Thus, the question remains: how do we know the various books of the Bible are inspired and therefore canonical? And remember: the Protestant must use the principle of sola scriptura in the process.
      II Tim. 3:16 is not a valid response to the question. The problems are manifold. Beyond the fact of circular reasoning, for example, I would point out the fact that this verse says all Scripture is inspired tells us nothing of what the canon consists. Just recently, I was speaking with a Protestant inquirer about this issue and he saw my point. He then said words to the effect of, “I believe the Holy Spirit guides us into all truth as Jesus said in Jn. 16:13. The Holy Spirit guided the early Christians and helped them to gather the canon of Scripture and declare it to be the inspired word of God. God would not leave us without his word to guide us.”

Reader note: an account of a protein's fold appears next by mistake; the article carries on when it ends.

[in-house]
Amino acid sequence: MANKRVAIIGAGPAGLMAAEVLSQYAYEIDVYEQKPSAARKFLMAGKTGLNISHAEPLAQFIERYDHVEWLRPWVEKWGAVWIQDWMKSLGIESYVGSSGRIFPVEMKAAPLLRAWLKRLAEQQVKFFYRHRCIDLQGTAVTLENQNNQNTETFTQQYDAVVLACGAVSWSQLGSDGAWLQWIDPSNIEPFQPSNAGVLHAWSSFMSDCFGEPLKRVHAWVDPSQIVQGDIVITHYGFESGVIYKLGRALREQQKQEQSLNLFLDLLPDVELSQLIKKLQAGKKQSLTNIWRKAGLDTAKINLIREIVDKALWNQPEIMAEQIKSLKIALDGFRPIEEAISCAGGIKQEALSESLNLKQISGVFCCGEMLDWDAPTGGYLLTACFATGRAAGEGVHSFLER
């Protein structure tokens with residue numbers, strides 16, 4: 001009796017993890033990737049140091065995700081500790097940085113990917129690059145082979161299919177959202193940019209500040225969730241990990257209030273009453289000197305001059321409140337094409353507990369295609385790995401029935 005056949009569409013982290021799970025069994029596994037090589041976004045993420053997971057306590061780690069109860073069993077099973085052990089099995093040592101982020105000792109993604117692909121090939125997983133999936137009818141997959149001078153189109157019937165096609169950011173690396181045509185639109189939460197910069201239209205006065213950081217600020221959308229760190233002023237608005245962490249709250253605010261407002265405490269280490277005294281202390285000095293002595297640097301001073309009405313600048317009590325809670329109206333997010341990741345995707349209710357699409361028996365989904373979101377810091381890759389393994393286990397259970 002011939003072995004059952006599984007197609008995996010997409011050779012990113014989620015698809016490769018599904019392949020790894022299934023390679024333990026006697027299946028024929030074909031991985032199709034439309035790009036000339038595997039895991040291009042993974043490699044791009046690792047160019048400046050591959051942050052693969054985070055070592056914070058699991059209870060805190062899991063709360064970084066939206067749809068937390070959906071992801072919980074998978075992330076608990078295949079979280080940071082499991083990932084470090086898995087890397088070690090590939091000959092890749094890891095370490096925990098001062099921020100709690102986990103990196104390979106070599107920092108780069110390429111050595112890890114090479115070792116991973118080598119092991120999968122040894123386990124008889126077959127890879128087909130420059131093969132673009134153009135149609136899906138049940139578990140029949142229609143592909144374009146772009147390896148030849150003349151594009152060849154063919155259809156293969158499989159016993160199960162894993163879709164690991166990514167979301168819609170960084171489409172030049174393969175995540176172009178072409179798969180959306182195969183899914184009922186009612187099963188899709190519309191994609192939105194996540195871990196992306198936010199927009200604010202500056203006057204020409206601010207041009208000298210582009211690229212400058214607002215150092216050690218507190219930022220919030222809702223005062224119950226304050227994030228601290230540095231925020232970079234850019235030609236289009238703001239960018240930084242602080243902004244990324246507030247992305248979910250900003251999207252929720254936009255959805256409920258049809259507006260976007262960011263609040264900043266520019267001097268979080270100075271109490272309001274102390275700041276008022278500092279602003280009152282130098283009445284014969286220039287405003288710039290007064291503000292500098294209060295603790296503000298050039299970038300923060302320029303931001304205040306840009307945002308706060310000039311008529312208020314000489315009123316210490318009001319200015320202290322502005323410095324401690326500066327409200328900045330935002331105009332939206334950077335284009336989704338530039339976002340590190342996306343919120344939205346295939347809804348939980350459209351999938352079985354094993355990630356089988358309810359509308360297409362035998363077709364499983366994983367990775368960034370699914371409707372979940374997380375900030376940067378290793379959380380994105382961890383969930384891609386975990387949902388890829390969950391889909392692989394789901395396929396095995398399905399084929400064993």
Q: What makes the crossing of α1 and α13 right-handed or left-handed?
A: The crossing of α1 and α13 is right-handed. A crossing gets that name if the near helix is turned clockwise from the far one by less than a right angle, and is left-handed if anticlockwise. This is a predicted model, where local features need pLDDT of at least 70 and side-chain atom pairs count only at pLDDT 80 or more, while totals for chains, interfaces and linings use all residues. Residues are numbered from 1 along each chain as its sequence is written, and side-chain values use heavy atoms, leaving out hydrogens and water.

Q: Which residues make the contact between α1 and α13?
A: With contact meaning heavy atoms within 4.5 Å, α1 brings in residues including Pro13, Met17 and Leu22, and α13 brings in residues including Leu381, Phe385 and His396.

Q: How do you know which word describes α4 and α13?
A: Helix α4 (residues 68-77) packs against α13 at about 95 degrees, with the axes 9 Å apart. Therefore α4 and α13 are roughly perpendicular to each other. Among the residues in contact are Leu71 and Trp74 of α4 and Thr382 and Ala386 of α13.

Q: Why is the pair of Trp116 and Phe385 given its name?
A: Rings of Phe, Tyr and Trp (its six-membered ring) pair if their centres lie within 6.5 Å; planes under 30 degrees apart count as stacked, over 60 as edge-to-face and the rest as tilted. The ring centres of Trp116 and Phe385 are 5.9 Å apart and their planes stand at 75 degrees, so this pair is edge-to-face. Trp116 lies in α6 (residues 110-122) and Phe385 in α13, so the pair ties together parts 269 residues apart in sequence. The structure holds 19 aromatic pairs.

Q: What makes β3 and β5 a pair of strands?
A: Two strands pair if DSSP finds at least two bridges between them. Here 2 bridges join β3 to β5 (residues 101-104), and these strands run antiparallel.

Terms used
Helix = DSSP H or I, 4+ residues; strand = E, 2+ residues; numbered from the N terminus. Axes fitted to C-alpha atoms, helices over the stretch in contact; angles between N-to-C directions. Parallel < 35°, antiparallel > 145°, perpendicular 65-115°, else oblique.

That answer is much more Catholic than Protestant! Yes, Jn. 16:13 does say the Spirit will lead the apostles—and by allusion, the Church—into all truth. But this verse has nothing to say about sola scriptura. Nor does it say a word about the nature or number of books in the canon. Catholics certainly agree that the Holy Spirit guided the early Christians to canonize the Scriptures because the Catholic Church teaches that there is an authoritative Church guided by the Holy Spirit. The obvious problem is my Protestant friend did not use sola scriptura as his guiding principle to arrive at his conclusion. How does, for example, Jn. 16:13 tell us that Hebrews was written by an apostolic writer and that it is inspired of God? We would ultimately have to rely on the infallibility of whoever “the Holy Spirit” is guiding to canonize the Bible so that they could not mishear what the Spirit was saying about which books of the Bible are truly inspired.